American motorists stand to save billions of dollars a year from higher fuel economy vehicles now on the road, the Environmental Protection Agency said on Wednesday.
Fuel economy for new light-duty vehicles in the United States reached an all-time high in the 2013 model year, averaging 24.1 miles per gallon, up 0.5 mpg on the year, the EPA said in an annual report. At the same time, average carbon dioxide emissions fell to a record low.
U.S. fuel economy has increased in eight of the last nine years and is up nearly 5 mpg since 2004, the agency said.
The EPA said recent improvements in part reflected automakers' rapid adoption of more efficient technologies such as gasoline direct injection engines, turbo chargers and advanced transmissions.
"Today's announcement points to the greatness of American ingenuity and the strength of our auto industry," EPA administrator Gina McCarthy said.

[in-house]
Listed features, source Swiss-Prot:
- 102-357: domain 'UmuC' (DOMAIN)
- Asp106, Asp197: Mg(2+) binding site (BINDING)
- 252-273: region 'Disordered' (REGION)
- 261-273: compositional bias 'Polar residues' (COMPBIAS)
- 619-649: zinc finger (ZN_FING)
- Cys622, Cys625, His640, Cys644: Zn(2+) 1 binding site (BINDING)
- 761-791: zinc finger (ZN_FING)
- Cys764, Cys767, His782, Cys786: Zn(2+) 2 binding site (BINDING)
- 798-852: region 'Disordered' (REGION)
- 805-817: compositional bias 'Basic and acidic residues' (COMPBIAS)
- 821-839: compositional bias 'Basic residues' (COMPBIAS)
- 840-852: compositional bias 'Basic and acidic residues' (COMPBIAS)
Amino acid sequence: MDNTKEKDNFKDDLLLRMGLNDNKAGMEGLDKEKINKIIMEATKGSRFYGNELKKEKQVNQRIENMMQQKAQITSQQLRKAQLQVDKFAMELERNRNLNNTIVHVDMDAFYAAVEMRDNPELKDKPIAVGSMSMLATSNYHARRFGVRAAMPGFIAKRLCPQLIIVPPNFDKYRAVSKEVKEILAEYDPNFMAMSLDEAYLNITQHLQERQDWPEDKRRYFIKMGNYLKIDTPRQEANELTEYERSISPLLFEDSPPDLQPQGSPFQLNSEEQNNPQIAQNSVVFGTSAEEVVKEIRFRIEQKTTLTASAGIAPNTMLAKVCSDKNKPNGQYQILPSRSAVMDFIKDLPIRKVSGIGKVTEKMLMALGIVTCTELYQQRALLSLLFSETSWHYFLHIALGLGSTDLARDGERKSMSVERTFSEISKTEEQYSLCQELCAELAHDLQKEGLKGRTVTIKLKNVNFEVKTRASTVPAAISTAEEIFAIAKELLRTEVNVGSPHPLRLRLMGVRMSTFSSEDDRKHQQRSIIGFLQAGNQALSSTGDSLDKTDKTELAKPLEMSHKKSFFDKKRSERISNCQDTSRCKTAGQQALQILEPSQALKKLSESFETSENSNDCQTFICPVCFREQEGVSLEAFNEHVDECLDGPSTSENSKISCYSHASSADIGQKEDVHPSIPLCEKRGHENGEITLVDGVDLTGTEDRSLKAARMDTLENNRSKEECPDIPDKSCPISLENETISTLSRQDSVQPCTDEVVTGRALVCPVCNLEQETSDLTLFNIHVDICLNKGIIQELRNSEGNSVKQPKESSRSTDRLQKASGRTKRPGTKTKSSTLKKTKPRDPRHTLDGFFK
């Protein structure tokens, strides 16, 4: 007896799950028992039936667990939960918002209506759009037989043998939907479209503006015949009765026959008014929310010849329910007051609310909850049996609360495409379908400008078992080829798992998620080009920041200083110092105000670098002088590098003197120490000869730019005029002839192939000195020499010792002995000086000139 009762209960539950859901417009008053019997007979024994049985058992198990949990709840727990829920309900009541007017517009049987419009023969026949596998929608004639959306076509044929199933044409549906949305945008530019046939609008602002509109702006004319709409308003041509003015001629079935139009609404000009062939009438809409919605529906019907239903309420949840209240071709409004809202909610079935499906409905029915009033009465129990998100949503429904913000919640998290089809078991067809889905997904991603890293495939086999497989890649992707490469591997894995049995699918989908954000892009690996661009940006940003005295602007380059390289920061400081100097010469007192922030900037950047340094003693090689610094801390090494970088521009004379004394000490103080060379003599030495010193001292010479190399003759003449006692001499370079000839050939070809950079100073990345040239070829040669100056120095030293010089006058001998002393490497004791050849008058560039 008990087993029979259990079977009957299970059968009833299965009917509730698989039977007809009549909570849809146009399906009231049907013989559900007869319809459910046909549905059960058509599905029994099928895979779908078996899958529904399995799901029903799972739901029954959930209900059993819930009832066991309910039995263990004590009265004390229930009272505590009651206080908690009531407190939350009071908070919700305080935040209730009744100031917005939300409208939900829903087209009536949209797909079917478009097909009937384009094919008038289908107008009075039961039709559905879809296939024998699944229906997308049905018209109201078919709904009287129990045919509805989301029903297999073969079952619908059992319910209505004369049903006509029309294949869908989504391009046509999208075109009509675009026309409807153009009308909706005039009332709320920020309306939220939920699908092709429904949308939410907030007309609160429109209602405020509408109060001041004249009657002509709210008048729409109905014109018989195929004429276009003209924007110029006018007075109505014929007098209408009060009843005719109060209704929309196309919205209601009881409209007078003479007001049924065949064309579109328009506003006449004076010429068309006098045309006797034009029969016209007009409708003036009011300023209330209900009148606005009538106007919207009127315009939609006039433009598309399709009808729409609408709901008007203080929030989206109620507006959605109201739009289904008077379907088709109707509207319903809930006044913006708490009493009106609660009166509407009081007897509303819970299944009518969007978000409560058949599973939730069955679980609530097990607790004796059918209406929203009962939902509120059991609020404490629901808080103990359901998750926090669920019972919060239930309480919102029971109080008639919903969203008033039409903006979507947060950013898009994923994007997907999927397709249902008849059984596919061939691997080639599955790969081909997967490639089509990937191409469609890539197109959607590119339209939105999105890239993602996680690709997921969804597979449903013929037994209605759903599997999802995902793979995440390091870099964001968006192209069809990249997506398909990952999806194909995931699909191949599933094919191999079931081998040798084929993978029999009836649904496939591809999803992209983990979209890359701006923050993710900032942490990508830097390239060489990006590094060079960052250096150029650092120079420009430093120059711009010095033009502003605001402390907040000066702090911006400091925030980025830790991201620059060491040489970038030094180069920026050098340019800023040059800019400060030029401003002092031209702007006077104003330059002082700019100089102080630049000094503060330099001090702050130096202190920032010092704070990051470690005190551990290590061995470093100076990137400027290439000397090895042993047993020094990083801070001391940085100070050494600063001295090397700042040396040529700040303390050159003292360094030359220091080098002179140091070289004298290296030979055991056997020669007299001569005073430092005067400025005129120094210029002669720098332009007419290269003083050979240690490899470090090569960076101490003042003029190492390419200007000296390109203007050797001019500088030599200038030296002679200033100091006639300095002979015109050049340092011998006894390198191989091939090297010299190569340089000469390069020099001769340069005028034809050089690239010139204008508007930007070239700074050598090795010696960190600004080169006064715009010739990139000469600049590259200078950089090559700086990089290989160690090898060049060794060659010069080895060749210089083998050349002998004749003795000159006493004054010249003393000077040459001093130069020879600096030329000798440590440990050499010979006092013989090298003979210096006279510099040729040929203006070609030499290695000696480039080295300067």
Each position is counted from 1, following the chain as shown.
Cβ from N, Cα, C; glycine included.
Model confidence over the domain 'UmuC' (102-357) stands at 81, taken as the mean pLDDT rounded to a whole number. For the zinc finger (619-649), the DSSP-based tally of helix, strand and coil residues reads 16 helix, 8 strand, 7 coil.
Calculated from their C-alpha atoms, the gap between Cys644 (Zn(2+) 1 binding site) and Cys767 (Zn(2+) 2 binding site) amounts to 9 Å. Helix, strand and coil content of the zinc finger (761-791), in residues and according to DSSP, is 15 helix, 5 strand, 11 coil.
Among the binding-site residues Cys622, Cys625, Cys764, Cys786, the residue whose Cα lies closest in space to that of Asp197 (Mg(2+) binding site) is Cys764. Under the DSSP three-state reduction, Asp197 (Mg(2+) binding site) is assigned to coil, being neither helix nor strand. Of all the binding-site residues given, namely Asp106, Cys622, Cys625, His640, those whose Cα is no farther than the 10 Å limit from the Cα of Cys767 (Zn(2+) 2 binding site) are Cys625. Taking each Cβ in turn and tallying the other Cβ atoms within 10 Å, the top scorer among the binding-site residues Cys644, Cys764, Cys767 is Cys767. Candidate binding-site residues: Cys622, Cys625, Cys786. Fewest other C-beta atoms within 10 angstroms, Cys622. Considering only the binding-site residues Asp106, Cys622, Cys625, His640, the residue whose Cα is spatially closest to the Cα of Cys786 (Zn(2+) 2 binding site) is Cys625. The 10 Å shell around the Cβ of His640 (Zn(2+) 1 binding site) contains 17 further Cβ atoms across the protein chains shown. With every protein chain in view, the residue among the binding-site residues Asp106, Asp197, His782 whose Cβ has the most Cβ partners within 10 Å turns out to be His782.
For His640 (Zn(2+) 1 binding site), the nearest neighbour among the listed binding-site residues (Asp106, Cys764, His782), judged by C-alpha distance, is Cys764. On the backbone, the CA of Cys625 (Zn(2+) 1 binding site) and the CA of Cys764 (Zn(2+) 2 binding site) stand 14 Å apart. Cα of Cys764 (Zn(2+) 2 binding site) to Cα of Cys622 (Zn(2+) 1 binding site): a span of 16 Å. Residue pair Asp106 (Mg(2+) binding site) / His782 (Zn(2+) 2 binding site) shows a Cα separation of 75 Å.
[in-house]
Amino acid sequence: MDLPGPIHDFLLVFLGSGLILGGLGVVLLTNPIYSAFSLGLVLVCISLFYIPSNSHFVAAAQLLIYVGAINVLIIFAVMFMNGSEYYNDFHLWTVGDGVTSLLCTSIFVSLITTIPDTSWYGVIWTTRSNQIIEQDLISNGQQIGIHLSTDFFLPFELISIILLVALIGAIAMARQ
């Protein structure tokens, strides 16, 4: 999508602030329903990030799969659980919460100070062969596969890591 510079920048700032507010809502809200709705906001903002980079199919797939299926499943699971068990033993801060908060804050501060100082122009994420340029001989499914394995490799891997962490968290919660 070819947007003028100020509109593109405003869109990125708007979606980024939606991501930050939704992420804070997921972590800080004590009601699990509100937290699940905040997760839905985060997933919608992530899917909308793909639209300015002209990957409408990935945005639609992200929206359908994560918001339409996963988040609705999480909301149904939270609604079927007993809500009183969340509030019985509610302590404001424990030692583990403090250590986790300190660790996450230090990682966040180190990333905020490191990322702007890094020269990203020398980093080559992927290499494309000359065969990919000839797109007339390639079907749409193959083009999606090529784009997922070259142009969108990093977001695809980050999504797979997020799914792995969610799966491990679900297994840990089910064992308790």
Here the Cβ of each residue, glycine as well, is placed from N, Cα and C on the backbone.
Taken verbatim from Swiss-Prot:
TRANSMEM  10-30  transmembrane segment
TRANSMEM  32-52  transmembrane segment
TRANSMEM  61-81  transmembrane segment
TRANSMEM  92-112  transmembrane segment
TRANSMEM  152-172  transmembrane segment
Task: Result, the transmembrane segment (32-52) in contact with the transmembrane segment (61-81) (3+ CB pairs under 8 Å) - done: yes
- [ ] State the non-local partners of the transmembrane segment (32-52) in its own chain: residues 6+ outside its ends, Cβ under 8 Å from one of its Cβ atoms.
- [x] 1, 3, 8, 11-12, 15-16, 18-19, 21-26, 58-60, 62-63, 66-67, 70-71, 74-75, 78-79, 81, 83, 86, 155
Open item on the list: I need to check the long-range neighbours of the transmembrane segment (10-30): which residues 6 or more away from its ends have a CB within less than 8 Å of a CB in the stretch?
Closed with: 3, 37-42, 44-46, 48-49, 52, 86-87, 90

The EPA estimates that a plan to double fuel economy by 2025 will save the average American family more than $8,000 in fuel costs per vehicle.
The agency said Mazda vehicles averaged the highest fuel economy, at 28.1 mpg, and lowest greenhouse gas emissions from the 2013 car and light truck fleet.
Nissan logged the biggest improvement in average fuel economy and greenhouse gas reductions, posting fleet-wide fuel economy of 26.2 mpg, up 8.7 percent on the year.
"The realization of this accomplishment came in part due to the introduction of three all-new fuel-efficient models for the 2013 model year - Altima, Pathfinder and Sentra," Nissan Group said in a statement.
Sport utility vehicles, long castigated as gas-guzzlers, achieved the greatest improvement by class, the EPA said.
Assuming gas prices of $3.50 per gallon, the 3-mpg jump in passenger car fuel economy from 2008 to 2013 would save a typical driver over $300 in the first year, the Natural Resources Defense Council estimated.
(Reporting by Ros Krasny; Editing by Jim Loney and Leslie Adler)